It’s up to the white people who recognize racism and injustice to step up and use their privilege to end white supremacy in our society.
Queen Elizabeth II’s death in September 2022 signaled a potential death of British Colonial rule, with numerous Commonwealth nations reconsidering their status. But the Queen’s death doesn’t automatically end white supremacy. White supremacy is an ideology that demands ongoing individual effort to dismantle.
Can a person just stop being a white supremacist? How do we, individually and collectively, end something as ambiguous as white supremacy?
Start with acceptance. Our societal systems were built on white Eurocentric, Christian ideals. These ideals shaped the entire American story, and fueled what was written into law, providing “God-given rights” to specific white people only, and granting absolution for stolen land which was never “ours” to begin with.
If you’re a white person who can accept the realities of history, and present-day, here are some ideas to stop white supremacist patterns in your life -even if you think you’re anti-racist.
10 Steps You Can to End White Supremacy
1. Watch That White Saviorism.
The notion of a “white savior” is rooted in colonialism. This white, Christian ideology is imprinted on most white Americans; whether we are Christians or not. It says, “I can uphold the voiceless.”
This is white supremacy because it centers a white savior. It’s white supremacy because it is built upon the same capitalist ideological bullshit that tells people to “pull themselves up by their bootstraps.” It ignores intentionally structured systems that impact the whole of society (like capitalism) in favor of a single individual.
It’s also centered for white comfort: the subtext is a question “What happens to us and what role do we serve if nobody needs uplifting anymore?” Divorce yourself from this codependent, white supremacy, attitude.
2. Invest in Black-owned goods, services, experts, and providers.
Do your research before pouring money into people, companies, politicians with lax or tolerant attitudes toward white supremacist ideals or people. Remove your money whenever possible. And when you choose to buy from Black-owned businesses, make sure it’s a service you need and not something you’re using for clout.
3. Give financial support to non-white causes.
Set up recurring donations whenever possible to Black, Indigenous, grassroots, and well-vetted groups and abortion providers near you if you can afford it. Donate to people crowd funding who are marginalized because they aren’t benefitting from white supremacy in the present.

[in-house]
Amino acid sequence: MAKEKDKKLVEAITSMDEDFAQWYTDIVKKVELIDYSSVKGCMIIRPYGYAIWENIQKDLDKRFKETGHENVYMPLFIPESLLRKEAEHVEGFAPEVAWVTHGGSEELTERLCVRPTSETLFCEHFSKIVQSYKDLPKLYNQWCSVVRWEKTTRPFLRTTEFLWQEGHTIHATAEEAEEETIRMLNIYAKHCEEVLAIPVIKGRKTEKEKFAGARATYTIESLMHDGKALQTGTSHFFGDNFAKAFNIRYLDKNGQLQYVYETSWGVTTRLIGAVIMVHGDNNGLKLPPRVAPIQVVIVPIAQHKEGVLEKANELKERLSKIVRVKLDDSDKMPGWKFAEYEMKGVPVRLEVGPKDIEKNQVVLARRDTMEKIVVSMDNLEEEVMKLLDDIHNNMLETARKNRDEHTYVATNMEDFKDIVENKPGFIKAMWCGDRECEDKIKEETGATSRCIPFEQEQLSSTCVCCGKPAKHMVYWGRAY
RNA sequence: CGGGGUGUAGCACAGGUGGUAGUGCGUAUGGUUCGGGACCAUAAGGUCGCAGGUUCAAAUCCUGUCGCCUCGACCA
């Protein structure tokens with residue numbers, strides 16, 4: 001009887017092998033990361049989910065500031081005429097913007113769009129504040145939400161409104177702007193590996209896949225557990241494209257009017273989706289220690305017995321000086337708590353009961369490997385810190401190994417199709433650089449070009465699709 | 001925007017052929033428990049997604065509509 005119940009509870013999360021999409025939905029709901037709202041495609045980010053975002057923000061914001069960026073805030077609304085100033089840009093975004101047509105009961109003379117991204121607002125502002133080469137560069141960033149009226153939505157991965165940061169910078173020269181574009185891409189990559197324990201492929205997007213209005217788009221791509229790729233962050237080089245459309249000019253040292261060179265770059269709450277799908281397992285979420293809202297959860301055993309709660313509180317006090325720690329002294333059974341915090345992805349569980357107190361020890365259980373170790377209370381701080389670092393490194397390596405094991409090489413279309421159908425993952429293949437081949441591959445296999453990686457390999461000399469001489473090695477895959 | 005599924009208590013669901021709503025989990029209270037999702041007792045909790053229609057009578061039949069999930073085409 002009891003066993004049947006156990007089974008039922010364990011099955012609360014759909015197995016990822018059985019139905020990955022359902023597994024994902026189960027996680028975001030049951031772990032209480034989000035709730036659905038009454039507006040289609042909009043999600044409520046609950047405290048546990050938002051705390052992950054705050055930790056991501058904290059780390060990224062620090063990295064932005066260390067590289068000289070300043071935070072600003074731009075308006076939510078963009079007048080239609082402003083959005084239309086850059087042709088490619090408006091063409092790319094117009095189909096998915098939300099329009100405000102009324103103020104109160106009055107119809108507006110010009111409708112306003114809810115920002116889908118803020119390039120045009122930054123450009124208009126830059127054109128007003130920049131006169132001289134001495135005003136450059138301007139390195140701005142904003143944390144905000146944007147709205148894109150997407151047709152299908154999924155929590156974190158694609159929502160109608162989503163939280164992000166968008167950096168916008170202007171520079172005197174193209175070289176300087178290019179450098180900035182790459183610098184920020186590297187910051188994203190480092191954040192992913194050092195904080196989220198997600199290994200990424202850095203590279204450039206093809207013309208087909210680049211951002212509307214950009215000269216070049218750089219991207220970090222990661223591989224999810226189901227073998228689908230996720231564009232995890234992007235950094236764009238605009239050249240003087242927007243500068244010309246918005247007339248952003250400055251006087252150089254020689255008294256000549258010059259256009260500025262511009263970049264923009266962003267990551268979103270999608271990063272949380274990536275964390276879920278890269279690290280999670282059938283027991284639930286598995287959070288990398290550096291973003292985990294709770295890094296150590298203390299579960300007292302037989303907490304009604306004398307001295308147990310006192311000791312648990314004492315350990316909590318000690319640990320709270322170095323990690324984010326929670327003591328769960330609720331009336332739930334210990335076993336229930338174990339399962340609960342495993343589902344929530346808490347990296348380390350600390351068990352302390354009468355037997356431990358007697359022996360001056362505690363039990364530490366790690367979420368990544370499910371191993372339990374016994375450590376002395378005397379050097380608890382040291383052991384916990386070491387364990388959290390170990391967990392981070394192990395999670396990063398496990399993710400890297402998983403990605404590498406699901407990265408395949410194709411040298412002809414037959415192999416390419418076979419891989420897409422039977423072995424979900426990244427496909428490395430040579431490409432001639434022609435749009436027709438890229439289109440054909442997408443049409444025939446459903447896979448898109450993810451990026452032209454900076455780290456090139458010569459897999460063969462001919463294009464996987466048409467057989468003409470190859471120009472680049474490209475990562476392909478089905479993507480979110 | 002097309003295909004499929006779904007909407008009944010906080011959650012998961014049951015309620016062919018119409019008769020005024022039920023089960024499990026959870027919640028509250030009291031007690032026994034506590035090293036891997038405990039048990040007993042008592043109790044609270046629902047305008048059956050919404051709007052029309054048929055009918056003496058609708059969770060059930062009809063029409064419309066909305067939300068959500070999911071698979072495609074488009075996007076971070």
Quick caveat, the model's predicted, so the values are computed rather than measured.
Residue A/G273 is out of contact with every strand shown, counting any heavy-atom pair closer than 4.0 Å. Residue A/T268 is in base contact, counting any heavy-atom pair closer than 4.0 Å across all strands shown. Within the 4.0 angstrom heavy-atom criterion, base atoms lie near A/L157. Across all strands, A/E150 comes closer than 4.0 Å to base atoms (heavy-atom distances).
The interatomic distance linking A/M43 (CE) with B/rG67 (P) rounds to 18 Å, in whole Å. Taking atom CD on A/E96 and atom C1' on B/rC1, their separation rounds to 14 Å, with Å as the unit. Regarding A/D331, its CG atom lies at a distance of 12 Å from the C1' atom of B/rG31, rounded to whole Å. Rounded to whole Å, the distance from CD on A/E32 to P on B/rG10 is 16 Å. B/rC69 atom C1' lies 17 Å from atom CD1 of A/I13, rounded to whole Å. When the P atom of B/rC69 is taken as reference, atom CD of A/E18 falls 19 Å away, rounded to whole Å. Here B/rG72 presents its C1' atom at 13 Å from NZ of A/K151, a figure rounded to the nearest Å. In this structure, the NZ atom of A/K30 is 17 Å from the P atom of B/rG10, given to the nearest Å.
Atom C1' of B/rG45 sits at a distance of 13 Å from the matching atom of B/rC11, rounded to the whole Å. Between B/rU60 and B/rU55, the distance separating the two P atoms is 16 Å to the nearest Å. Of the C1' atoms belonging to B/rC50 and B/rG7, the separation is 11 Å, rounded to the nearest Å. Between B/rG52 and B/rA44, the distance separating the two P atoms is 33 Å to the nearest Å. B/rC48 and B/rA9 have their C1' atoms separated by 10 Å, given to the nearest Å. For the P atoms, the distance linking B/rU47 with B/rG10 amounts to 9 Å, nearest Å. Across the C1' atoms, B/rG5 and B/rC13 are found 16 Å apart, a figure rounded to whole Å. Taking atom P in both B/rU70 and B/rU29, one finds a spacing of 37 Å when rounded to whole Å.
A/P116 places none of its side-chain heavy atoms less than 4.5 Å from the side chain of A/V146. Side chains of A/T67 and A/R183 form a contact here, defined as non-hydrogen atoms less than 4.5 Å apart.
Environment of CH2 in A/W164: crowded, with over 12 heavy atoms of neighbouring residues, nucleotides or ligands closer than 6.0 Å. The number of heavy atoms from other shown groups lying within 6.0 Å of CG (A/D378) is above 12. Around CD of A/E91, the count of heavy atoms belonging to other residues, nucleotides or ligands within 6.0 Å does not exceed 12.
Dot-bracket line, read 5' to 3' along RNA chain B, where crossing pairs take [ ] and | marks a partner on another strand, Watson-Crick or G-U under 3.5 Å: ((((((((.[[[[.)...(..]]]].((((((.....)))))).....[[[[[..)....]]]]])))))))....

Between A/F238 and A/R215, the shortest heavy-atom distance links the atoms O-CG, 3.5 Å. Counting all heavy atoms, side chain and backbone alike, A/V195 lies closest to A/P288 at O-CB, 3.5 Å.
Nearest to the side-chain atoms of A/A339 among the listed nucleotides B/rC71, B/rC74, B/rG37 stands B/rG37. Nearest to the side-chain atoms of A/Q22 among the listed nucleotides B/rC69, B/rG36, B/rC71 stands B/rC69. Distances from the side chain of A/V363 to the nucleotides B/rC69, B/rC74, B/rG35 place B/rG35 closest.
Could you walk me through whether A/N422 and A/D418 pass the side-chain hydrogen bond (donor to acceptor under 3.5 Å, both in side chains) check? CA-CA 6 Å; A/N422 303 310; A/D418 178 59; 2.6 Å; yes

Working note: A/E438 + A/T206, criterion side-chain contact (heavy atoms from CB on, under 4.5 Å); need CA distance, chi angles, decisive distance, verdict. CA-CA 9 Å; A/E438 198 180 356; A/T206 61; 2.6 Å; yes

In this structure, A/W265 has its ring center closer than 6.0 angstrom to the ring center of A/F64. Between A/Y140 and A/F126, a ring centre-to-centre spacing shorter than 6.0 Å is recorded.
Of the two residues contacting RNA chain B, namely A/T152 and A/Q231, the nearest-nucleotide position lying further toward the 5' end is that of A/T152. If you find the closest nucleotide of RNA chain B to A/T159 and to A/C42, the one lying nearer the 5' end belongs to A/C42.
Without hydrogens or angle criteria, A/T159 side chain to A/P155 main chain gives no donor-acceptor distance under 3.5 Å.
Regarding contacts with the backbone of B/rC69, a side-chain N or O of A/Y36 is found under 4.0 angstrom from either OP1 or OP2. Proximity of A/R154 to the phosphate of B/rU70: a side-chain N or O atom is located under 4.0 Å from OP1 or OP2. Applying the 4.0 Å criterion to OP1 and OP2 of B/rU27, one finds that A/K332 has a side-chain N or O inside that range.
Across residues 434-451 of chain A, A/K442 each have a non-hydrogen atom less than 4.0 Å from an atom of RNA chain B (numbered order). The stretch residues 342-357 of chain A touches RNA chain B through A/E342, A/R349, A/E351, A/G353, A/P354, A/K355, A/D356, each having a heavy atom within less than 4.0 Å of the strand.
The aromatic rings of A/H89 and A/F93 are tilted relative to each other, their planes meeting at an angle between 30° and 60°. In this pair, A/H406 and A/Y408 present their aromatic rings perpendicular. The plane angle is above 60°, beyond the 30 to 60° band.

4. Stop othering other white people.
It’s not conducive to the overall cause to constantly try to check people who you think are more racist than you are. This is unproductive. Instead, realize our shared values, and try to redirect awareness toward useful actions each of us can take on an individual level – like sharing content, donating to a cause, volunteering our time, or even simply signing a petition.
5. Recognize that political parties don’t automatically equate with “anti-racist” or “racist”
White liberal Democrats do love to assume they’re not racist while their favorite political candidate also is not racist.
This mentality helps no one other than the individual with this mindset to feel better about themselves.
Democrats and Republicans both uphold white supremacy norms, as evidenced by the fact that every single leader of this country has been a Christian man.
While increased hate speech, Nazi sympathizing, antisemitism, and Sinophobia, come from every political party in America, it is a dangerous mistake to assume that simply not being a Republican, somehow magically makes a person (or agenda) not-racist.
6. Intentionally Seek Balance Online
Social media can be an emotional and venomous place – especially on topics relating to politics or race. We all want to believe we’re good people and that we’re right and the person challenging our ideas is clueless. I have a few bare minimum guidelines I try to follow when I’m online, to help me stay balanced, and not exacerbate tension:
I start by understanding that every thread and conversation isn’t for me to insert myself into. This means I don’t always need to reply to every take.
I give others the benefit of the doubt, assume that a poster knows what they’re talking about, and resist the urge to correct them.
I realize that in some spaces and discussions my whiteness itself causes harm. And when I mess up – whatever that looks like – I apologize and move on. That’s it. That’s the bare minimum.
Oh, and I call out white supremacy.
7. Have a concrete definition of white supremacy
My definition of white supremacy includes accepting that it’s woven into my life as a white person; it’s part of my internal default settings. As a white person, I must accept this in order to choose to continuously unlearn assumptions and behaviors related to white supremacy. I see myself as inherently racist so that I can choose to be anti-racist, while understanding it’s not an achievable goal. There will be no end to this.